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Dean Tells It Like It Is

If you want some straight talk in these days of the Democratic Leadership Council's calls to retreat to a monastery or move to the center, check out Howard Dean's feisty comments about his vision for the Democratic Party and what he thinks went down in this election.

In a speech to students at Northwestern University last week, Dean fired back at the Right; he called Reverend Jerry Falwell a hate-monger, and described Justice Antonin Scalia as "sarcastic and mean-spirited." And in a jab at the conservative Club for Growth's ad attacks on him as a "latte-drinking, Volvo-driving, body-piercing, left-wing freak show" who should head back to Vermont, Dean explained, "I don't drink coffee. I have three cars--all of them are American. " "No part of me is pierced that I'm willing to discuss publicly," he added. "And if you want to see a freak show, go look at the people who wrote that ad..."

Dean ended by calling on the students to run for office. In a playful twist on his now infamous "Dean Scream," he shouted, "You need to run for office--not just in Illinois and Ohio and South Carolina! You need to run for office in Mississippi, and Alabama, and Idaho and Texas and..."

A Politician, Not a Diplomat

Two weeks before the 2004 presidential election, the Bush administration's national security adviser, Condoleezza Rice, made a solemn pronouncement about her desire to remain outside the political fight between Democrat John Kerry and the man who this week appointed her to serve as Secretary of State. "I think it's important that we not campaign," Rice said of national security aides. She emphasized that this was a particular concern because "we are in a time of war."

Rice made her comments during an interview with the political editor of KDKA, a Pittsburgh-based television powerhouse with a reach capable of taking her words into the homes of millions of voters in the battleground states of Pennsylvania, Ohio and West Virginia.

Then, in a display of her nonpolitical approach, Rice proceeded to rip into Kerry's charge that the administration had botched the search for Osama bin Laden. Kerry's assertion "is just not true," raged Rice, before again refuting the notion that she was campaigning for Bush.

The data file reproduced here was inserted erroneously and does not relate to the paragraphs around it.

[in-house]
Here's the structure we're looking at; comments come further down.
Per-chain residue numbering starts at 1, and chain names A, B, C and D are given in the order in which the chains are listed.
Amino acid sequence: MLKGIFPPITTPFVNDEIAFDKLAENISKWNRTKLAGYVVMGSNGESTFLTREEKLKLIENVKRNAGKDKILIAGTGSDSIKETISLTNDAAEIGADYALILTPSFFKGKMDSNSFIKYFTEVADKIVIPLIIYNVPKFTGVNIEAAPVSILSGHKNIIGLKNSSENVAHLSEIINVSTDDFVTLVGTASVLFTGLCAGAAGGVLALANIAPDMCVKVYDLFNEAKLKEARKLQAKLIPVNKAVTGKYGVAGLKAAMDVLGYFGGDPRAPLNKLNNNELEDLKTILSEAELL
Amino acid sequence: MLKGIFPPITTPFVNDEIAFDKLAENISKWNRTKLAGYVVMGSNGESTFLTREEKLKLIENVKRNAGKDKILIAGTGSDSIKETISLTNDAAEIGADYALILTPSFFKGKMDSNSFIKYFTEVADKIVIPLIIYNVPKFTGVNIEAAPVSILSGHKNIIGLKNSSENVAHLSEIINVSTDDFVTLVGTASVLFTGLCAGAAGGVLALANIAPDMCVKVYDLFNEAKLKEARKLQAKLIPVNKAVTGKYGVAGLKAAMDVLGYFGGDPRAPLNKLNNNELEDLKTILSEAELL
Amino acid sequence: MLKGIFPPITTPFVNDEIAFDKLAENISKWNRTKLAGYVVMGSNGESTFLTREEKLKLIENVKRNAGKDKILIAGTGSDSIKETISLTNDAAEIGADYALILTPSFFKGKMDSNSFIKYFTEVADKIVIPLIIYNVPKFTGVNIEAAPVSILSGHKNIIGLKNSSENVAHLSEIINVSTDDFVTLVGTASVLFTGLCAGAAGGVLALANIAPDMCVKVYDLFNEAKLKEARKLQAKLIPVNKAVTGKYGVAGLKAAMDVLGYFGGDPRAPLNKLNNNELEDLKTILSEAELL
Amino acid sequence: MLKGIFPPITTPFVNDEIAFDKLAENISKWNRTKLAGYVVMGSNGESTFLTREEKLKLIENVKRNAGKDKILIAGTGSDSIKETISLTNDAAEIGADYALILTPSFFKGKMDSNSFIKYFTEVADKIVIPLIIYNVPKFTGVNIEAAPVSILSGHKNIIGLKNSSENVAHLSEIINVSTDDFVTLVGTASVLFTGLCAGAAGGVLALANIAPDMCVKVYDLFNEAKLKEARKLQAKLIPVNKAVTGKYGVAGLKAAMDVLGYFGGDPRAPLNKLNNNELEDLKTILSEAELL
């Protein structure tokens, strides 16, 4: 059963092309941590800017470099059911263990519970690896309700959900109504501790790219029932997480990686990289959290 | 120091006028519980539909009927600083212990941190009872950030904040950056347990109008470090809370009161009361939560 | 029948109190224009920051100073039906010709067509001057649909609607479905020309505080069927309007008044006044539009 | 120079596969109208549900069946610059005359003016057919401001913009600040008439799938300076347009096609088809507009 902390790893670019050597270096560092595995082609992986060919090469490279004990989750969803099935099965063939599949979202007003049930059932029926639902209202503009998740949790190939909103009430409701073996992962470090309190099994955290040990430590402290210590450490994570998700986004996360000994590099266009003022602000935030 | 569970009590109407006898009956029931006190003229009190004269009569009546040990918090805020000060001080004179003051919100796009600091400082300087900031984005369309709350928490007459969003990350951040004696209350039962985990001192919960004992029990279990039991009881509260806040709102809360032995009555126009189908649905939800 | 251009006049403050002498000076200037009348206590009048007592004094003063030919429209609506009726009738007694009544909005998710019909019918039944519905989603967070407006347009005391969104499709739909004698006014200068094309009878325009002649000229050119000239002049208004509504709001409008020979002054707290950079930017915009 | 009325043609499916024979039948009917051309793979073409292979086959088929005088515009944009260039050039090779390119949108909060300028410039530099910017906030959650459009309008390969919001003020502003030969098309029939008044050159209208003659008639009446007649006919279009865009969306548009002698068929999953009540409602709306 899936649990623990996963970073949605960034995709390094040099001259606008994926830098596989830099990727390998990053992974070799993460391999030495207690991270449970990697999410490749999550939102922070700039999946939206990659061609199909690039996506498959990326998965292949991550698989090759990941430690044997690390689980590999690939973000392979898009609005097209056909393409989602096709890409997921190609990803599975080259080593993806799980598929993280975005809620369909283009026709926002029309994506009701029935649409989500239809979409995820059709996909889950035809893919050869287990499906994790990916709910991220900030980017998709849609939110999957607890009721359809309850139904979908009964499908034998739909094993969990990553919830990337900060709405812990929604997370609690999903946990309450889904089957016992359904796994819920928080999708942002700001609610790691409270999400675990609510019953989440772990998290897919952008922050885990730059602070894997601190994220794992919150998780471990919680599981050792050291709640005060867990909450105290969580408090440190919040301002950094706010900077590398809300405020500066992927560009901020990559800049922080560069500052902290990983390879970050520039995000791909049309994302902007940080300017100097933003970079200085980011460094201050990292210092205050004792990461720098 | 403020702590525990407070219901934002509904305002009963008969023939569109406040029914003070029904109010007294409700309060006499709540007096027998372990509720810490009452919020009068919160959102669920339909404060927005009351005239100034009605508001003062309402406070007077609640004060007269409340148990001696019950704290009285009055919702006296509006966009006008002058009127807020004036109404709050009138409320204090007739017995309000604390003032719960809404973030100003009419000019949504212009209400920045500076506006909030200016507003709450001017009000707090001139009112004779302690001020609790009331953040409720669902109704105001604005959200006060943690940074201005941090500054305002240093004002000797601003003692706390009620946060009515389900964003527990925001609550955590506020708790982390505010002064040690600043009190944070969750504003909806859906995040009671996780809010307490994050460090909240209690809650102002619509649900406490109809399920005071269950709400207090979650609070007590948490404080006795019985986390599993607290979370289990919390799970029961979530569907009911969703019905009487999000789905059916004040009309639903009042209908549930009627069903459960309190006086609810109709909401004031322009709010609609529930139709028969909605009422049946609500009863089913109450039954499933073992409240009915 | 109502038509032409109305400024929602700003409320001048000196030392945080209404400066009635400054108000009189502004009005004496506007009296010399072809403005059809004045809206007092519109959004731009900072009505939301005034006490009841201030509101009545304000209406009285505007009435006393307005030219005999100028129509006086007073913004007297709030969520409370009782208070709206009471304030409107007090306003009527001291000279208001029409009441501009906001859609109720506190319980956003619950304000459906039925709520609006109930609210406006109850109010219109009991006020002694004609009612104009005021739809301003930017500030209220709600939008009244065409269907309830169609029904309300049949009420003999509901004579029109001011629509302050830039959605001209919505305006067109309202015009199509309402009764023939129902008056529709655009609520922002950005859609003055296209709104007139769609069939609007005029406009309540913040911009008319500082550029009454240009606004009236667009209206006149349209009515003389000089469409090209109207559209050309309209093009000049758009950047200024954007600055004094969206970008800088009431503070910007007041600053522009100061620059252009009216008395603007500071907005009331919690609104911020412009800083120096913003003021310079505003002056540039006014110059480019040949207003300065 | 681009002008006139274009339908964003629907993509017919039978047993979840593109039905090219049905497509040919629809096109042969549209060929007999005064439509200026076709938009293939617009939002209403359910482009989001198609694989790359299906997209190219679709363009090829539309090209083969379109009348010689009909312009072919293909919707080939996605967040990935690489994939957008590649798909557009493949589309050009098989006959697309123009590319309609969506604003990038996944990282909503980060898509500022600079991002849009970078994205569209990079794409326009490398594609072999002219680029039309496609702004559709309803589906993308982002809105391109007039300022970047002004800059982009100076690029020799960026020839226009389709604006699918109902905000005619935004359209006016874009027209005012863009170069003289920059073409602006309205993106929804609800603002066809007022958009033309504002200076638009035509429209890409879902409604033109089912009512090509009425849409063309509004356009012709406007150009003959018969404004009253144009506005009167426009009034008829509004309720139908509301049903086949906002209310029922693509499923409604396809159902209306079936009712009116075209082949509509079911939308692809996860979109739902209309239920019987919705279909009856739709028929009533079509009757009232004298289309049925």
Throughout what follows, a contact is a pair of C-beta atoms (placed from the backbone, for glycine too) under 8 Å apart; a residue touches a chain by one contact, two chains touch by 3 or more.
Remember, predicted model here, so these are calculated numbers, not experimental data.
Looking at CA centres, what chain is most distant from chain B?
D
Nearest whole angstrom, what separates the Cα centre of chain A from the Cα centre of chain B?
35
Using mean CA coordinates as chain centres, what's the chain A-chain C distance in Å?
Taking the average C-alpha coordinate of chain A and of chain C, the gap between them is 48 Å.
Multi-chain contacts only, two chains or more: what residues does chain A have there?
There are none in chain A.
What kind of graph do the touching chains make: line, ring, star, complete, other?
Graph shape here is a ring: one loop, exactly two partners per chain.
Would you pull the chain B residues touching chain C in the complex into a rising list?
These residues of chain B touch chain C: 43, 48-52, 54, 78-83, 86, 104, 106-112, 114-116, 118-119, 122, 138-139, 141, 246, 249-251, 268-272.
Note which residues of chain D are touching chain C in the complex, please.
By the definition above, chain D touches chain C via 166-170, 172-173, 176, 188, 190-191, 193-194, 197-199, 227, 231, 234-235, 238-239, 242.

The next day, she flew to Cleveland, Ohio, the largest city in the most hotly contested of all the battleground states and trashed Kerry once more.

Two days later, she was in south Florida, one of the most hotly contested regions of another battleground state where again she dumped on Kerry's strategies for defending the United States before declaring, "The global war on terror calls us, as President Bush immediately understood, to marshall all the elements of our national power to beat terror and the ideology of hatred that protects (terrorists) and recruits others to their ranks."

During the months of September and October of 2001, Rice made no public appearances outside Washington, during September and October of 2002, she made one New York appearance, during September and October of 2003, she appeared in New York and Chicago. But as the November 2 election approached, Rice suddenly discovered the joys of Pittsburgh and Detroit. With the man who she once mistakenly referred to as "my husband" locked in a tough reelection campaign, Rice appeared during the fall of 2004 at least one time each in the battleground states of Oregon, Washington, North Carolina, Michigan and Florida, and at least twice in the battleground states of Pennsylvania and Ohio.

Rice's travels were, for the most part, paid for by the taxpayers. And her aides insisted throughout the campaign season that, in the words of James Wilkinson, a deputy national security advisor, "Dr. Rice has continued the nonpolitical tradition of her post."

That pronouncement was so laughable, however, that the Washington Post, which did the ablest job of tracking Rice's travels in the months prior to the election, observed, "The frequency and location of her speeches differ sharply from those before this election year -- and appear to break with the long-standing precedent that the national security adviser try to avoid overt involvement in the presidential campaign. Her predecessors generally restricted themselves to an occasional speech, often in Washington, but (by late October) Rice will have made nine outside Washington since Labor Day."